Just for the record, I did say “For developers, mobile is what’s hip now, and there are two platforms that matter — Apple and Android,” and I did say "“This [cancellation of the Kin] should be seen as a success for them,” Mr. O’Reilly said. “They grew fat and happy, but are now waking up to their different competitive position.” Both of those quotes sound like me, and I recognize having said them. And they are used roughly in the context that I said them.''

dan said...

and Tim contd

''Had a followup conversation with Ashlee Vance about this. We talked about the sausage-making process of journalism, and how what I said about where Microsoft's developer culture was still vibrant got cut from the story in various editing passes.

I do think that Ashlee had a story he wanted to tell, and led the conversation with me in a way to get the hook he needed to tell that story. (Michael Arrington talks about that here: http://techcrunch.com/2010/07/08/we-need-more-opinions-in-news-not-less/ ) But I don't think Ashlee intentionally misrepresented me, and it was probably going too far for me to call the story "flamebait."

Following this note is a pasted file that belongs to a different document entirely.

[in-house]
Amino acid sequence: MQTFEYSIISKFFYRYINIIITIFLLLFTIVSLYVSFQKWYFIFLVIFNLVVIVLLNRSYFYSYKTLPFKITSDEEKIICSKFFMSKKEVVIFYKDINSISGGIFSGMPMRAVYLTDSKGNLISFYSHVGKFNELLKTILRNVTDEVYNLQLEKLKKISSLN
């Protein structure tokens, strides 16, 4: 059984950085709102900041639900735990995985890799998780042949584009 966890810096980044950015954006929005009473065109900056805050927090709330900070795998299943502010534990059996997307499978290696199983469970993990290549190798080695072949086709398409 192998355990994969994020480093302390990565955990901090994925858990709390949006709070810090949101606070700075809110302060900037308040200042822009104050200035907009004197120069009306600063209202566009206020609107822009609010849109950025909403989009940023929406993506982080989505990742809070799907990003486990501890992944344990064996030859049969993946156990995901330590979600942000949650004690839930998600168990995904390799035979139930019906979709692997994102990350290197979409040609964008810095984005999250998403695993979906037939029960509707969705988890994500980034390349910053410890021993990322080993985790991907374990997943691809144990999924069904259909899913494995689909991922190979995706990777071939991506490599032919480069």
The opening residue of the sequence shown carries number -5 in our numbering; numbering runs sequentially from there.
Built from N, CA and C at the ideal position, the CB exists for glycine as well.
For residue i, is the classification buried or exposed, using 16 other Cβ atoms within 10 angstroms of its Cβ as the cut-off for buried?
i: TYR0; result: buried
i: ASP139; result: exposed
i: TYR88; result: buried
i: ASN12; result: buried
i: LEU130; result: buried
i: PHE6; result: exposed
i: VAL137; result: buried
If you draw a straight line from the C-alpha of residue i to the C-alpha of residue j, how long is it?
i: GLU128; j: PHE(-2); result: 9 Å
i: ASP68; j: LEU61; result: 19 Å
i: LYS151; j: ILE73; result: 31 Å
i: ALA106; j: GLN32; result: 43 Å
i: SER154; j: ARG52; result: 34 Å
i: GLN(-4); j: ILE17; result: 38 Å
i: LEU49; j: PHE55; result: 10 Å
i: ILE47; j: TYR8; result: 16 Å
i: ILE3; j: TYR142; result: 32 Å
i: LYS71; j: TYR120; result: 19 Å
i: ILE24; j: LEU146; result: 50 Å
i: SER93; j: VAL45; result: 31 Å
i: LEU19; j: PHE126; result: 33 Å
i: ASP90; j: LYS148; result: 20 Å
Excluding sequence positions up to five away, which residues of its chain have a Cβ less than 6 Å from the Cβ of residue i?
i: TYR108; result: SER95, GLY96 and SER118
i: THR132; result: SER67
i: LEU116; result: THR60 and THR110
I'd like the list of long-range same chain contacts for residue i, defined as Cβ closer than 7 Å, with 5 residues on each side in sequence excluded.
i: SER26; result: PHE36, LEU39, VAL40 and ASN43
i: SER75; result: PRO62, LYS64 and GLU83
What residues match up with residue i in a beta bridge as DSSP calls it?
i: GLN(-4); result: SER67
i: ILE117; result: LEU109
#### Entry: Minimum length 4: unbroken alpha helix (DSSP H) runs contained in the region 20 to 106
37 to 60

We're talking about making lemons out of lemonade, and doing a followup story together about some of the research O'Reilly has done on the developer marketplace, and just what it tells us about how Microsoft is doing with developers. This is a great exercise in exploring the way that blogging and professional journalism are converging, and how social media changes the rules of engagement between sources and journalists. So we want to use the opportunity and make something good come out of it. Stay posted''

Anonymous said...

As one who grew up on Q-basic and commodore-64, choosing to hide and downplay all computer mastery for reason of survival, literally, it is curious that the startup crowd is ‘hip’, while hardened developers (regardless of which monopoly eventually sucks them in) are not. I am not one to care to reclaim the hip designator, and generally let it equal to be given little credence, worthless, to be weeded out... whereas in the marketing and consumer manipulation world, it is a very positive term. So could it be that this is where the confusion arose? Again, this may be an overreach, so feel free to correct.